EU Accession Process and Women's Rights
last updated July 30, 2013

Gender equality in the candidate countries is a major principle in the EU enlargement process. The acquis communautaire sets forth the primary law, the treaty that establishes the European Community, secondary law, which derives from other EU treaties and “soft law,” which refers to policies adopted and promoted by the EU. 

In the European Union, gender equality policy has focused mainly on non-discrimination in employment settings, including combating sexual harassment. The European Women’s Lobby, as well as other NGOs, has urged the European Union to consider the multiple forms of discrimination that women face and urges the EU to adopt a comprehensive and integrated approach to gender mainstreaming. A Shadow Directive, proposed by the European Women’s Lobby, gives the following example: “women as a group will never have the same opportunities on the labour market or in society, as long as 1 out of 5 women experiences domestic violence or if equality in the private sphere is not achieved, with women still doing 80% of all care, community and household work.”[1] Thus, the European Women’s Lobby proposes that EU gender equality directives cover such critical areas as parity of participation in decision-making, equal access to and supply of goods and services, the right to reconcile family and working life, social protection, social security and social benefits, access to education, family and society-based violence against women and the images of women and men portrayed in advertising and the media.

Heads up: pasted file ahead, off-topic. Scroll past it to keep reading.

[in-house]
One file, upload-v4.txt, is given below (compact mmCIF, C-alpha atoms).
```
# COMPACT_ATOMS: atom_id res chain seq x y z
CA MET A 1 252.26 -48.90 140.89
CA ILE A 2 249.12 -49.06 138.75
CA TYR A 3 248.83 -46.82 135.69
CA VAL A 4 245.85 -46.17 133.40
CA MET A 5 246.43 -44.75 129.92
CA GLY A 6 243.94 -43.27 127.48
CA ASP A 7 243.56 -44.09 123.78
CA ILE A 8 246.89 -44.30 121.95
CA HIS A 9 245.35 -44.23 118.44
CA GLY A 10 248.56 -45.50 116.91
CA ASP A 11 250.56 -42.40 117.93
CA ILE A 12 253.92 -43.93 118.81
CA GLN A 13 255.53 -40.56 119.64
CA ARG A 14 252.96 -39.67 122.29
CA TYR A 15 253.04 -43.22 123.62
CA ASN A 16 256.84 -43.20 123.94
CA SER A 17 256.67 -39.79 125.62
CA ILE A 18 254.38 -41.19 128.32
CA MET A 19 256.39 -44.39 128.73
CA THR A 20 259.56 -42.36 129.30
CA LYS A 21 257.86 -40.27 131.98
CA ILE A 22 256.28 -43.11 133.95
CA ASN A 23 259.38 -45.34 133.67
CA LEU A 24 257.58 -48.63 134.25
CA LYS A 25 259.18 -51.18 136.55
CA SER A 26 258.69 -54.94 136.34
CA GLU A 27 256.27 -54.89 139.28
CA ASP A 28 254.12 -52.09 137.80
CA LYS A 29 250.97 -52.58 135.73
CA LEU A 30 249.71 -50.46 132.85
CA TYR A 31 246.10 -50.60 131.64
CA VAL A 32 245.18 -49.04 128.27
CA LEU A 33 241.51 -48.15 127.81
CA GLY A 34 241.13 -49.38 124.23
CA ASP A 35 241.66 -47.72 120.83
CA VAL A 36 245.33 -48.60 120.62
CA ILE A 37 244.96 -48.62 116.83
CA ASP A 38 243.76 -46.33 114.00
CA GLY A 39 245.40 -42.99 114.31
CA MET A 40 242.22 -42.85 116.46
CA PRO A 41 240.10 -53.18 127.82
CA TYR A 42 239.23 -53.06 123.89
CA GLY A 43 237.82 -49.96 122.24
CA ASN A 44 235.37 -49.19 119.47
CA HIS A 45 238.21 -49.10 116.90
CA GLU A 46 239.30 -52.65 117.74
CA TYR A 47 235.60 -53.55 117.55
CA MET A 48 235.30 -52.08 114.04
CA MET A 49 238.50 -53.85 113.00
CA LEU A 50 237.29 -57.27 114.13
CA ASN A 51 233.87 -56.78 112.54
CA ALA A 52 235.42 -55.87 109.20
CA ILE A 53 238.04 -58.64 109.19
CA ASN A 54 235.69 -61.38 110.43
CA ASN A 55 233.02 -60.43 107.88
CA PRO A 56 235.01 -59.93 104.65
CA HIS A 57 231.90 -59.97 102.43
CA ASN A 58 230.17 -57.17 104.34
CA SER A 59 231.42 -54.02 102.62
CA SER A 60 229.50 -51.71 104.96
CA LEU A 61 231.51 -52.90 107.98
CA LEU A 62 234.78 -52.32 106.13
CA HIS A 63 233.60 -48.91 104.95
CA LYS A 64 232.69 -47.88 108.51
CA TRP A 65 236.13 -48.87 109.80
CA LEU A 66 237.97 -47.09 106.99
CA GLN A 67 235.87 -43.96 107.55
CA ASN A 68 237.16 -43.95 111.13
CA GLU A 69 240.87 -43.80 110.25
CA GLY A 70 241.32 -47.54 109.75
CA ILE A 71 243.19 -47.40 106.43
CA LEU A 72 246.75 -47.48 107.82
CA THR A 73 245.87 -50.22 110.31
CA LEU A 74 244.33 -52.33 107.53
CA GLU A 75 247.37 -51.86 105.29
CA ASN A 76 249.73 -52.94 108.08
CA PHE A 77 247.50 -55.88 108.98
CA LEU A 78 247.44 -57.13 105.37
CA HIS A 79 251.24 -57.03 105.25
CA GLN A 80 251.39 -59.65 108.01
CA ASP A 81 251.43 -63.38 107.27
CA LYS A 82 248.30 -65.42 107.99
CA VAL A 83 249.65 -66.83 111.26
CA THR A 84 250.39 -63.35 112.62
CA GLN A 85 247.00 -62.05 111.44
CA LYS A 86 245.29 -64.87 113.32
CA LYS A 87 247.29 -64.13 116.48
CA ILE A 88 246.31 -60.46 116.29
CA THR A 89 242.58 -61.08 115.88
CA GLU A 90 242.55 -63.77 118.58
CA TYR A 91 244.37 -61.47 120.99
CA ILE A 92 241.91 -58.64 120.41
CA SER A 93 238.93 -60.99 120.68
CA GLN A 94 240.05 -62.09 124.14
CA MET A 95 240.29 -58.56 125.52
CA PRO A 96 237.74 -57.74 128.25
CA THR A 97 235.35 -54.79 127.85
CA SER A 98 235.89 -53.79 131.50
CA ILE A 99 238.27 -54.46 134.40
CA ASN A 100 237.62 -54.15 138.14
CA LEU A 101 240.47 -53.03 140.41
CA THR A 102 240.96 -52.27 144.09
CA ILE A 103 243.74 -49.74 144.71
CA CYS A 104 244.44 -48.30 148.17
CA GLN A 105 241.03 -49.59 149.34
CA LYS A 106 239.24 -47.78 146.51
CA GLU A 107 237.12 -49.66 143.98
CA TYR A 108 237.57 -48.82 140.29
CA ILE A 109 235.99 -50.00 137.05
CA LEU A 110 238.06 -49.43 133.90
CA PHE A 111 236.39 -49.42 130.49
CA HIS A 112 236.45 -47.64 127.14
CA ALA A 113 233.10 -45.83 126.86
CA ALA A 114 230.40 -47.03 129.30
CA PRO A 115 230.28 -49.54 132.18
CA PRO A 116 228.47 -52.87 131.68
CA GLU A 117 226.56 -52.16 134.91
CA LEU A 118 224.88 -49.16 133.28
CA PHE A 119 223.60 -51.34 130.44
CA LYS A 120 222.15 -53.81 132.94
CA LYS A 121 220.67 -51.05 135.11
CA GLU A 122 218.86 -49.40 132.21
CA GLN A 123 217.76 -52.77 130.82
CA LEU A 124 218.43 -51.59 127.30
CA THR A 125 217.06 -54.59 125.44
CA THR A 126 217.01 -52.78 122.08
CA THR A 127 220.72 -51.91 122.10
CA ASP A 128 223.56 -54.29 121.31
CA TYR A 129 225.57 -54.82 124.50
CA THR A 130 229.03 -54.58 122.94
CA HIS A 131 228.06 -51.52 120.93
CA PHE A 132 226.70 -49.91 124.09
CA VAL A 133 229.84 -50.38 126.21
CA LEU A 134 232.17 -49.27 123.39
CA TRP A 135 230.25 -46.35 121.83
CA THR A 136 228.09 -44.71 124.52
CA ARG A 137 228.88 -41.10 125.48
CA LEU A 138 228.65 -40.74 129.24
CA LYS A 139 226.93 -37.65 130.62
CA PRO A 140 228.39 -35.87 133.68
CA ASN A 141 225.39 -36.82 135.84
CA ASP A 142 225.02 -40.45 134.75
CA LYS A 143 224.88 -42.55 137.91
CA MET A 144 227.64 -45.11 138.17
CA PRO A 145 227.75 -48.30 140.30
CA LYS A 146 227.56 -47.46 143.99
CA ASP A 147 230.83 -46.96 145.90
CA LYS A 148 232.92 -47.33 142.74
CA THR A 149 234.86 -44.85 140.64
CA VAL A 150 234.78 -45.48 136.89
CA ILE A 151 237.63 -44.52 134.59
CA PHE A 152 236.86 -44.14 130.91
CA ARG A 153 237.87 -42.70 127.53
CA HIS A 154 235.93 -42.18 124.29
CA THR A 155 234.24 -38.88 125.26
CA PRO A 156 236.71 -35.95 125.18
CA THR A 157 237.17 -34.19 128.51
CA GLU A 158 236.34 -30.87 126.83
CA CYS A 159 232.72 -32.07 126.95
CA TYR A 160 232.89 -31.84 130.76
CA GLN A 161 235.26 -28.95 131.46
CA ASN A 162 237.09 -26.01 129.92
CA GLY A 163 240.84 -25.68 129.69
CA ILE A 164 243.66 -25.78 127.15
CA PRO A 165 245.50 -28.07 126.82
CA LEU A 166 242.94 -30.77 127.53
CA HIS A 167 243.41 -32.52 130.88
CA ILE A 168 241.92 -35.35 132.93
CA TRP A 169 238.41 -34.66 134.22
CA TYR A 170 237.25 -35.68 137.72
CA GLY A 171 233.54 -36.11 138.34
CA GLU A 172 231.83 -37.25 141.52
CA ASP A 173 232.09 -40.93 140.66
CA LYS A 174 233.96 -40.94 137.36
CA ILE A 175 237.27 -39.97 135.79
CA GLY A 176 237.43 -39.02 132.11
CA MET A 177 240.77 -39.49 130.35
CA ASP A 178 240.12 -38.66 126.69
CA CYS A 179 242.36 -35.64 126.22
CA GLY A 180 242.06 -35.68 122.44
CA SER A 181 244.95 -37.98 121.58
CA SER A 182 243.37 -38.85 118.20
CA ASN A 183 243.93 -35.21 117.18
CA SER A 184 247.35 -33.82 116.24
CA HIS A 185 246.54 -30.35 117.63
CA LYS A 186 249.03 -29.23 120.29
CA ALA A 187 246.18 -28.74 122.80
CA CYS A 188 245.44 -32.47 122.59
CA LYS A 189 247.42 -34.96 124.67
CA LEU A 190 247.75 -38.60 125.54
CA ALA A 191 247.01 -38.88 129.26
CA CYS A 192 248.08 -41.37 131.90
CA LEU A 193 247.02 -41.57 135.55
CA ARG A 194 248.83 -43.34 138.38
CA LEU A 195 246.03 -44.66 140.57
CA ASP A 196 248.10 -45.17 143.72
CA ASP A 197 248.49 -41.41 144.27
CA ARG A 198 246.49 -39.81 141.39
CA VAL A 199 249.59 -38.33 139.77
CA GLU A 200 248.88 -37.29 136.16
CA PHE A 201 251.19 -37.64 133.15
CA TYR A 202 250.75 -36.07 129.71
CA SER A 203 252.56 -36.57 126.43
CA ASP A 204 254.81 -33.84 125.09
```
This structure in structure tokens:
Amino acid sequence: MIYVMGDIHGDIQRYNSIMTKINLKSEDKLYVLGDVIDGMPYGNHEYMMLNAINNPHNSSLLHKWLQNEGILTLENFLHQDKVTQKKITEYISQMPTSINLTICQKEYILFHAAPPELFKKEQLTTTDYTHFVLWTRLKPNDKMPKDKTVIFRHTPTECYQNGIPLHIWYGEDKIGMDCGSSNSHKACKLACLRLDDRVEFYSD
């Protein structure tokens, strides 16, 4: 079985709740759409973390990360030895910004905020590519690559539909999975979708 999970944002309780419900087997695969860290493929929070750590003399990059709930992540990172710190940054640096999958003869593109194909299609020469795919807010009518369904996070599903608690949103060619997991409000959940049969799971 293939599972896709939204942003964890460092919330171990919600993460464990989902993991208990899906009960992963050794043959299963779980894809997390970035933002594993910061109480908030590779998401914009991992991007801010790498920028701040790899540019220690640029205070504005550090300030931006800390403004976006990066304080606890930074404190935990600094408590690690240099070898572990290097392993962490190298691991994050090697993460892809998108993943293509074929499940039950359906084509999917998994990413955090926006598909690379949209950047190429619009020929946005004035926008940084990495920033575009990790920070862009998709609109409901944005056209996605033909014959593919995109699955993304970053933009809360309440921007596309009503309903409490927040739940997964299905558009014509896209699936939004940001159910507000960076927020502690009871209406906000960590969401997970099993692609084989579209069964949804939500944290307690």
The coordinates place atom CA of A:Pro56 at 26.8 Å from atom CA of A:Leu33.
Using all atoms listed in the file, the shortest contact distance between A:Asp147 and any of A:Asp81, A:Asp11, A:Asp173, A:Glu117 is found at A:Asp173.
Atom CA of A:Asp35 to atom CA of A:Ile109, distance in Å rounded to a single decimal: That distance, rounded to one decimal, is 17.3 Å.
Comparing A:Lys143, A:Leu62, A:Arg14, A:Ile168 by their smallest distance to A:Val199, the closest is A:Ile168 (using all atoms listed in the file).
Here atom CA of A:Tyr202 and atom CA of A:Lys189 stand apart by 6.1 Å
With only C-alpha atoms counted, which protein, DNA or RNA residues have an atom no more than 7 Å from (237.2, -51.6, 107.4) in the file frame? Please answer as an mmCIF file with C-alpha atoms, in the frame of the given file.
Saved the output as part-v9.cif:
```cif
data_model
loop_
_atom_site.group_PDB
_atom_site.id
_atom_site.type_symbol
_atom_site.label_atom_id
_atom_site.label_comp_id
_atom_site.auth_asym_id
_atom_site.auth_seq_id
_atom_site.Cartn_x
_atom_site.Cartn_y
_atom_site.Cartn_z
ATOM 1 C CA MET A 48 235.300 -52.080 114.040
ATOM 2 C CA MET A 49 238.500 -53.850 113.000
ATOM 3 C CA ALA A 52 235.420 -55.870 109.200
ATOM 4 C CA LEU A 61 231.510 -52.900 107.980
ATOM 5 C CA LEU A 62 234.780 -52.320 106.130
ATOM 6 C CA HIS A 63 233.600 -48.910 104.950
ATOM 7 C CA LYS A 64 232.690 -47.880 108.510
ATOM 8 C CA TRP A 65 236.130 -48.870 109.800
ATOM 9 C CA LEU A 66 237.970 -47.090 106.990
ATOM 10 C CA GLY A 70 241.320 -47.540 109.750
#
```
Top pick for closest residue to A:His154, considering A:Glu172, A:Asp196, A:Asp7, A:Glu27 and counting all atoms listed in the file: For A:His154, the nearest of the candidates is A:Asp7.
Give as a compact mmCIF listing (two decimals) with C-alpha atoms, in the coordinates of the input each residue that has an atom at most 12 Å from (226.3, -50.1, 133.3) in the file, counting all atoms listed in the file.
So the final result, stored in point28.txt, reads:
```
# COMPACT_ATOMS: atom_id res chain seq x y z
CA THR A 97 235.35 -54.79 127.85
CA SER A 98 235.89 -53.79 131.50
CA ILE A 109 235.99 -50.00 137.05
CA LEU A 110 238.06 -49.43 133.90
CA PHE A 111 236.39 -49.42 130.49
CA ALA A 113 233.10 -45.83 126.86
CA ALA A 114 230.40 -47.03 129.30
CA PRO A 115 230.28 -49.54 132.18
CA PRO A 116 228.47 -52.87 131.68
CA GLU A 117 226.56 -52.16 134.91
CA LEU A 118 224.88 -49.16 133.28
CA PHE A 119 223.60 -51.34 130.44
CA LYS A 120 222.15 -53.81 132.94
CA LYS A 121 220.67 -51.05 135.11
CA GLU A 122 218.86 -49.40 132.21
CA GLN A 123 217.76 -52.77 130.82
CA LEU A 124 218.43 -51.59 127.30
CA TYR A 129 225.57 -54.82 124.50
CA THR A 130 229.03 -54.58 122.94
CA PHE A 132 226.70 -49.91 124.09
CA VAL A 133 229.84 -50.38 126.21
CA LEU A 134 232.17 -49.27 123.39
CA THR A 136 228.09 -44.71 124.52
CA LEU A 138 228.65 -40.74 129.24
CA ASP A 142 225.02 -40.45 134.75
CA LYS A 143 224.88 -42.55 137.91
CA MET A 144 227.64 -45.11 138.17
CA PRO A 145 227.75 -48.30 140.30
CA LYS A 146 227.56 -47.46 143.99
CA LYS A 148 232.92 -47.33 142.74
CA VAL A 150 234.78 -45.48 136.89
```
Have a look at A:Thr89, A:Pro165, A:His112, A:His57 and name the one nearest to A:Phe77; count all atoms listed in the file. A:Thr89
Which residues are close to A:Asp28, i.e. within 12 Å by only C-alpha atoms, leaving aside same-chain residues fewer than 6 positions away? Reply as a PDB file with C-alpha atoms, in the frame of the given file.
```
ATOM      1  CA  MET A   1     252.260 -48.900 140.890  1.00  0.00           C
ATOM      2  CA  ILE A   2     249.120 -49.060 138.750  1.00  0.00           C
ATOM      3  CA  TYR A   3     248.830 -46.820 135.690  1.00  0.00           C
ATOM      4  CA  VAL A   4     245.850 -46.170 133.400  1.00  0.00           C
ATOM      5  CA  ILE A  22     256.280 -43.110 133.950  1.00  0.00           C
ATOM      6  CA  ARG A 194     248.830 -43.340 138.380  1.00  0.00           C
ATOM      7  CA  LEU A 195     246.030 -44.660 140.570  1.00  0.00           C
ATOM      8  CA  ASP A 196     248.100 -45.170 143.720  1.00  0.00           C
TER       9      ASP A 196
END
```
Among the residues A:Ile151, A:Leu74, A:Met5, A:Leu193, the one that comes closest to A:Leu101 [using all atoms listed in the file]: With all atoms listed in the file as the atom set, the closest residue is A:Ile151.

Gender equality does however play an important role in the accession process under the political portion of the Copenhagen criteria and the “Social policy and employment” and “Judiciary and fundamental rights” Chapters of the acquis.[2]

The United Nations Development Programme (UNDP) has analyzed the advancements and difficulties of gender equality and EU Enlargement. While the countries that acceded in 2004 and 2007 all passed significant gender equality policy changes during the accession process, “the post-accession period has demonstrated significant shortfalls both in the transposition of law and in the capacity within the new member states for their effective enforcement.”[3] According to UNDP, this is because the new laws were sometimes not tailored to specific domestic legal systems. In addition, certain aspects of EU law have been translated differently into domestic law in Member States. Other issues include differing national judicial systems, weak political support, and lack of consensus on what constitutes good gender practices. This often leads to “patchy implementation and progress.”

In addition, the website of the EU Accession Monitoring Program of OSI provides users with access to news, reports and a library of information about both EU member States and candidate countries. Users can search the library both by country and by topic, including information on equal opportunities.


[1] European Women’s Lobby, Shadow Directive on achieving equality of women and men outside the field of occupation and employment, 2002,
[2] De Sadeleer, Katja, “EU Enlargement and Gender Equality,” PowerPoint, accessed June 18, 2013,  
[3] “Gender and EU Enlargement,” United Nations Development Programme: Turkey, accessed June 18, 2013,